Lens-housings are also made from aluminum, anodized no less, to prevent wear when twisting lenses in and out of the case. Lenses can be fitted and removed quickly and easily, courtesy of a twist-to-fit system something like a bayonet fitting, but using teeth rather than pins. Lenses have an anti-reflection coating and are painted at the edges, so that lens flare is supposedly eliminated.
The wide angle lens affords a 35 percent wider field of view "with minimal distortion and edge-to-edge sharpness" - I'm guessing the dangling "minimal" is meant for the distortion only, and that the edge sharpness is good. The fisheye lens, meanwhile, increases the field of view to a whopping 165 degrees (in stills mode) compared to the 86 degrees of the wide angle lens and the 62 degrees of the iPhone's built-in optics.
Perhaps the smartest feature of all is the three-in-one tripod mount adaptor that is also a lens case as well as a handle, which Schneider Optics claims is helpful for taking steadier shots.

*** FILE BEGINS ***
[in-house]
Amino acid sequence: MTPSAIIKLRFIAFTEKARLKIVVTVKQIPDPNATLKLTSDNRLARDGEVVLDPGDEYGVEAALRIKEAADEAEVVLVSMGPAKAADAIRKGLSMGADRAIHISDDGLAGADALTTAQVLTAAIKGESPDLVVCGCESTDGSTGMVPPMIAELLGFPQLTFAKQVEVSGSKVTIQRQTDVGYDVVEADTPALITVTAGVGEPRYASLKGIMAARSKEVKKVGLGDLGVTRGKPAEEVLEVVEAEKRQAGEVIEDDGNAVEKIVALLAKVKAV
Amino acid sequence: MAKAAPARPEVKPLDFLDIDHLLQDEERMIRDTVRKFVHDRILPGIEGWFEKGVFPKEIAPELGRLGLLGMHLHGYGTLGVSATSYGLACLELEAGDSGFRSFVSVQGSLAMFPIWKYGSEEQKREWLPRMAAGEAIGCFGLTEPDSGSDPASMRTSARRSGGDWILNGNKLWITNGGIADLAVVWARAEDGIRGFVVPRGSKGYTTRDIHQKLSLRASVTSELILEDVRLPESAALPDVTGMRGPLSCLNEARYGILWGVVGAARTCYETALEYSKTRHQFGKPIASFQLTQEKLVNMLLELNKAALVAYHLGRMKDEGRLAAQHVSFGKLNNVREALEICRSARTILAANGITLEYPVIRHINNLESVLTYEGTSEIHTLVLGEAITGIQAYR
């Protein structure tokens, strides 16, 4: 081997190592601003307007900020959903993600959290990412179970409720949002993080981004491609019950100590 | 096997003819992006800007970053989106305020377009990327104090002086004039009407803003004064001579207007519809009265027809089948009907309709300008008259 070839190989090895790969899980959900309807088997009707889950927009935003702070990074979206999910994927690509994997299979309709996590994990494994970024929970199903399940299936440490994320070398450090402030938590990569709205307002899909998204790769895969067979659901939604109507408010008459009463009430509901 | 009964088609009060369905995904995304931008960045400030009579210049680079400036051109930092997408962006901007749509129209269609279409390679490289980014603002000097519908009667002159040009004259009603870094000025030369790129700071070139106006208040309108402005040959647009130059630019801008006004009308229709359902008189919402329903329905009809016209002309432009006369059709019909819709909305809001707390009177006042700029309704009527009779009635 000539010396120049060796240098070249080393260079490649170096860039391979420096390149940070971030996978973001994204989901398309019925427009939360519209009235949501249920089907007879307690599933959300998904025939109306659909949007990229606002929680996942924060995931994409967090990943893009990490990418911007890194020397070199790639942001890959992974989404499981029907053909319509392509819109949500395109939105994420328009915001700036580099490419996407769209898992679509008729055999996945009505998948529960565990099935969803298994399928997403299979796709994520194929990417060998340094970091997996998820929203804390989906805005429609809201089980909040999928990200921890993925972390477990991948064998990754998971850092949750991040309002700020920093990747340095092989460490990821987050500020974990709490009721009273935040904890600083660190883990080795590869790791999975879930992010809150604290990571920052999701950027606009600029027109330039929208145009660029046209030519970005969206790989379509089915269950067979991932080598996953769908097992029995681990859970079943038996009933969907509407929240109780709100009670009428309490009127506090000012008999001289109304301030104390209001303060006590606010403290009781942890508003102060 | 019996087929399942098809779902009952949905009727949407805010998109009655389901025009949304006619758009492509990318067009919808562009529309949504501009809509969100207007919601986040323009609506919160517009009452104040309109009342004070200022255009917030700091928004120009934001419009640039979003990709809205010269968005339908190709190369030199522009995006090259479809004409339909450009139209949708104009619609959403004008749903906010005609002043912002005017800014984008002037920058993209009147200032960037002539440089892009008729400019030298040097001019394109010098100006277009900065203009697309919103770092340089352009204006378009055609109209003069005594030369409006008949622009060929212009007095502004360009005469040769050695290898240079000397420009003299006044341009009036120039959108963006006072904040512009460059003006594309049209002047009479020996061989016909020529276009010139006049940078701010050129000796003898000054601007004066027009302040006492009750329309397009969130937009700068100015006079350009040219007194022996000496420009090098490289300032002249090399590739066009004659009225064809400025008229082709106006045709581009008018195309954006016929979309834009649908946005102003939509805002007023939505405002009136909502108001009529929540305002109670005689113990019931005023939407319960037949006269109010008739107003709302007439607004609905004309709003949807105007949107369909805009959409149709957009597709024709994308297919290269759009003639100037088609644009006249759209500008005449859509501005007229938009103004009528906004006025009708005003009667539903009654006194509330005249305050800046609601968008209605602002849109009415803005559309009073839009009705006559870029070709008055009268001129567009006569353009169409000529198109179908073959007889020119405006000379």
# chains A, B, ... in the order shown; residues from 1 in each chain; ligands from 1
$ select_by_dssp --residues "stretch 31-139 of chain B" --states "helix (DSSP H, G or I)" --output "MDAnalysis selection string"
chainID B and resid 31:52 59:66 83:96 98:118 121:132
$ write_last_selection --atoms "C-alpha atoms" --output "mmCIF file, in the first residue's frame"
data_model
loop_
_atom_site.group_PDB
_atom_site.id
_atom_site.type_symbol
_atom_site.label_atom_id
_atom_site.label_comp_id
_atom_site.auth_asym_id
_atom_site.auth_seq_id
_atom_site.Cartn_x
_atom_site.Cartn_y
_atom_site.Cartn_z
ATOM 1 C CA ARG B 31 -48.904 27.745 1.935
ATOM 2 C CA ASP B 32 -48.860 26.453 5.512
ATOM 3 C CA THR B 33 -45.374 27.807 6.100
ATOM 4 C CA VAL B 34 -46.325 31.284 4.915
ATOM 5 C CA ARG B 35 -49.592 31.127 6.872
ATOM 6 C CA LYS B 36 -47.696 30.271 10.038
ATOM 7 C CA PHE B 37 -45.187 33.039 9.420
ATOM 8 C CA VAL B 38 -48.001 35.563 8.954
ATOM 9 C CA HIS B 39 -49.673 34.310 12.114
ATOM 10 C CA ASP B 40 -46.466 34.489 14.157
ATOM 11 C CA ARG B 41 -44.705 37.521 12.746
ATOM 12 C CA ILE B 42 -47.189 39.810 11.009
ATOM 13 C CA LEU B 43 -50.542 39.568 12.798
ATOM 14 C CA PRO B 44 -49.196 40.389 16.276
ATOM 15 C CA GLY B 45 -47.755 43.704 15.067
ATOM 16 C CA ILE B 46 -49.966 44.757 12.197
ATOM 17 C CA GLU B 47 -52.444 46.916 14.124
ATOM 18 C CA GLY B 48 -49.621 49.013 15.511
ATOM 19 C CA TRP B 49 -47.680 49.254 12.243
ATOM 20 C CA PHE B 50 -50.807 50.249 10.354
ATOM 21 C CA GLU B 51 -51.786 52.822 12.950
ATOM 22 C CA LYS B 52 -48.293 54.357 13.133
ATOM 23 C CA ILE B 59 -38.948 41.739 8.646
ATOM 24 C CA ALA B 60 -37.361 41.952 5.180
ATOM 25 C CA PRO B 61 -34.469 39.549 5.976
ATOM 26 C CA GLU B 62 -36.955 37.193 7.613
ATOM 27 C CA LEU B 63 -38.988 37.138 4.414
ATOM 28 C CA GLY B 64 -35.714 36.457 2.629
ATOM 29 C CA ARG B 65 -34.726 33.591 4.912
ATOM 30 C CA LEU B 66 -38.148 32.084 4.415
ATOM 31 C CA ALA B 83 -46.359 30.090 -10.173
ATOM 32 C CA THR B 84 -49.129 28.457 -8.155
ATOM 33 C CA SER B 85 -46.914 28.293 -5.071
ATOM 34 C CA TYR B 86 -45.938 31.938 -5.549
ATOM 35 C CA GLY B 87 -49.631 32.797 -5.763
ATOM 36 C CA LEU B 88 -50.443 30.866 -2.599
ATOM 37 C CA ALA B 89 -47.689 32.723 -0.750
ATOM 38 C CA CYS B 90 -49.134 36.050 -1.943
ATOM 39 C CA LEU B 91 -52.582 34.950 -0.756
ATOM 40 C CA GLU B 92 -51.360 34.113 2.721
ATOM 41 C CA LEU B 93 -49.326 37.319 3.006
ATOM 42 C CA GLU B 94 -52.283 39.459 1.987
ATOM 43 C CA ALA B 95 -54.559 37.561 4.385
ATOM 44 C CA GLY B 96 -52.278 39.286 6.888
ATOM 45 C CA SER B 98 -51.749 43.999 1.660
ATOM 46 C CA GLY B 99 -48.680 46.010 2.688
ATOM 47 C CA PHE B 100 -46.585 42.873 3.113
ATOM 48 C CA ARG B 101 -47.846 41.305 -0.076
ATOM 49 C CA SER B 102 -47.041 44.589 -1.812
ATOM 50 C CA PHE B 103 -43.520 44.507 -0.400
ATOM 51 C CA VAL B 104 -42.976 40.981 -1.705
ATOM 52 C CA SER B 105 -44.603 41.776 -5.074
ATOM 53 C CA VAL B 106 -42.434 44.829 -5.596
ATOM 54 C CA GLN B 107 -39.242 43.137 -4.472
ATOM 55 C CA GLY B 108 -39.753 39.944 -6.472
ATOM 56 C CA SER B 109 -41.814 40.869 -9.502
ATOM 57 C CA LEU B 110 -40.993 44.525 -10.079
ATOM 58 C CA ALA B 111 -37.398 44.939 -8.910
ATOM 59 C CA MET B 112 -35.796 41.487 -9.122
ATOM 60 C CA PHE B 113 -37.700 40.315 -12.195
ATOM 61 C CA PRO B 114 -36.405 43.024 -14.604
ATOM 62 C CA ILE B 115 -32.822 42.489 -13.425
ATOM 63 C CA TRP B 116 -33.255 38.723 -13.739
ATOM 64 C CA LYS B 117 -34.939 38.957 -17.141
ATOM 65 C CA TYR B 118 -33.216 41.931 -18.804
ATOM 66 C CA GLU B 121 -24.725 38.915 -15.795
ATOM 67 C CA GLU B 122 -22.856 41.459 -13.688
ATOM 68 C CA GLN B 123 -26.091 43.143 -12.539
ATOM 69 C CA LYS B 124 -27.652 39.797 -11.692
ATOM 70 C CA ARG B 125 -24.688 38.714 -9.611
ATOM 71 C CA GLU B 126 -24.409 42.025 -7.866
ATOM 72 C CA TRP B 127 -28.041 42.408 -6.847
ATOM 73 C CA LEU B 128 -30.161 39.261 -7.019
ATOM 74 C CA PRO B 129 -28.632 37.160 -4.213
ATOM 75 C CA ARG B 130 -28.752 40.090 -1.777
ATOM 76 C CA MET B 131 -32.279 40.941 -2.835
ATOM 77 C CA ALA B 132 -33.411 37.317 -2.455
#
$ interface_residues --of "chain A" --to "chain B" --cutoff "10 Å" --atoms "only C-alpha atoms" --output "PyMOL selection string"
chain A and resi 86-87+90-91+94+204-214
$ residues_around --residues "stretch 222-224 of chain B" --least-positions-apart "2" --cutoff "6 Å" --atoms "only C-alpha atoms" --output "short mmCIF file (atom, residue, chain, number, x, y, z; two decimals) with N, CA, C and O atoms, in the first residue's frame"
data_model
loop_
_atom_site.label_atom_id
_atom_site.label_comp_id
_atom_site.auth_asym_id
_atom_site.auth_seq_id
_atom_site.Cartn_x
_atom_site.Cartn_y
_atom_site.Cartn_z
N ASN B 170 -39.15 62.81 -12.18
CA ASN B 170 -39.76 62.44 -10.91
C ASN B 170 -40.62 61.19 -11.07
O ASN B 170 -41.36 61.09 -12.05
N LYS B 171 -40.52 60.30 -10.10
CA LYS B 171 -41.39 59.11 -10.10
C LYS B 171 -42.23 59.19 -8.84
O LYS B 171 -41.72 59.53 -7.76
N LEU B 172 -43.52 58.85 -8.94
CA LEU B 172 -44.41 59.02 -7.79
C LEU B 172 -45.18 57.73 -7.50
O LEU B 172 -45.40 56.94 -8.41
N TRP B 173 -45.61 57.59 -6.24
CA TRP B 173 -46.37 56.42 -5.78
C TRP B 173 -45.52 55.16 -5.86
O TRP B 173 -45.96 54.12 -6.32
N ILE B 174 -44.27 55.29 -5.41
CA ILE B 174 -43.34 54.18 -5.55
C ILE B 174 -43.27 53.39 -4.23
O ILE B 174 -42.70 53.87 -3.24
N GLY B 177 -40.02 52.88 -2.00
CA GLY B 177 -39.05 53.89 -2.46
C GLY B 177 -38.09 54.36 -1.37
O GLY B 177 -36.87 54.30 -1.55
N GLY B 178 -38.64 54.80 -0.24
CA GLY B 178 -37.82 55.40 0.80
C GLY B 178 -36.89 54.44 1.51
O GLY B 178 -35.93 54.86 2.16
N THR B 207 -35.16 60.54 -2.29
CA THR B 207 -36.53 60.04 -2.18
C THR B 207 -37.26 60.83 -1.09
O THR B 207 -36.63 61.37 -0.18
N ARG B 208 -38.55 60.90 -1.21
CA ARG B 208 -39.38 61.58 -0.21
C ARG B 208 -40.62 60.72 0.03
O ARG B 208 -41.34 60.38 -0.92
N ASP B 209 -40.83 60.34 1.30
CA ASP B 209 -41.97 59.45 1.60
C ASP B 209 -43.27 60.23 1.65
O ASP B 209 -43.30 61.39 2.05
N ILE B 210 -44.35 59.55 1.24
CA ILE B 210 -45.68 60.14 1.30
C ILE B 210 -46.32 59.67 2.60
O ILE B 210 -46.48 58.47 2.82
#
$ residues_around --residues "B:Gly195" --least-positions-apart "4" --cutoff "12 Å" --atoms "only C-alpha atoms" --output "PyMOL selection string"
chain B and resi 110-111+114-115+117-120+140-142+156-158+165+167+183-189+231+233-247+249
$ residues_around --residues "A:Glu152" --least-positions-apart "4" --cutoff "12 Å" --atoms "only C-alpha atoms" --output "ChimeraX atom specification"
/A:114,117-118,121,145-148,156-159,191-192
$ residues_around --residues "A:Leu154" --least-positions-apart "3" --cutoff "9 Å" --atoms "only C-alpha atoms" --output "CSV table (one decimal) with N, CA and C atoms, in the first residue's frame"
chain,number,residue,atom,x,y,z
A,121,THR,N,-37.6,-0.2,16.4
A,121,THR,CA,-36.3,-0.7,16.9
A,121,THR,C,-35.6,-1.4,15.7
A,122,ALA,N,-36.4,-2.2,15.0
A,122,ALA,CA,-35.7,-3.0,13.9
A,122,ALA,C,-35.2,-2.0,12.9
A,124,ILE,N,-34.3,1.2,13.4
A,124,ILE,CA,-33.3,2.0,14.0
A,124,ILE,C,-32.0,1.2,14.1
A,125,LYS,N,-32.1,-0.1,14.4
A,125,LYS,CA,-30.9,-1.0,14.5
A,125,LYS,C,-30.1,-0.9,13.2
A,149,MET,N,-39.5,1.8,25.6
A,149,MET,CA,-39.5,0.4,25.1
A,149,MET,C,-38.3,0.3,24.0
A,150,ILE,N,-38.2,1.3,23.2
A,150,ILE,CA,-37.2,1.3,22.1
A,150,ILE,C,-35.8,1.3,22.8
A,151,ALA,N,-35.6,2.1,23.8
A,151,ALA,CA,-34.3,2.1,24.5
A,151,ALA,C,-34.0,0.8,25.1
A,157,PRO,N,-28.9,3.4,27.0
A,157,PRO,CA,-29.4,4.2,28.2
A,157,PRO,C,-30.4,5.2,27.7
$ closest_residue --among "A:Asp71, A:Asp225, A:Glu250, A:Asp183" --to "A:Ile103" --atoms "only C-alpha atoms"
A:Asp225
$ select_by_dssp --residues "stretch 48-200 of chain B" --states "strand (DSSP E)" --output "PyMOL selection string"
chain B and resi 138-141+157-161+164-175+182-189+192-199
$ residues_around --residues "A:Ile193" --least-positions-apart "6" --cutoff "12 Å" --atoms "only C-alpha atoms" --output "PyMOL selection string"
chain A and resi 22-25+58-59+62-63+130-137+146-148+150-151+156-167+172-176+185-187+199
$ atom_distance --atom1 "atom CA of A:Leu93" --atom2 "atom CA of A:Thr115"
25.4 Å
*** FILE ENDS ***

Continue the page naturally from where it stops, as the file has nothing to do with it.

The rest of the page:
At US$199 all in, it's a price point aimed at the serious amateur, and one which positions the iPro lens system against the iPhone Lens Dial. It has a $50 edge, but is a telephoto lens down compared to its rival. However, Schneider Optics has announced that a compatible telephoto lens will be released in April for approximately $100, which would hand the $50 advantage back to the iPhone Lens Dial.
The iPro lens system can be ordered directly from Schneider Optics website, via the iPro product page.
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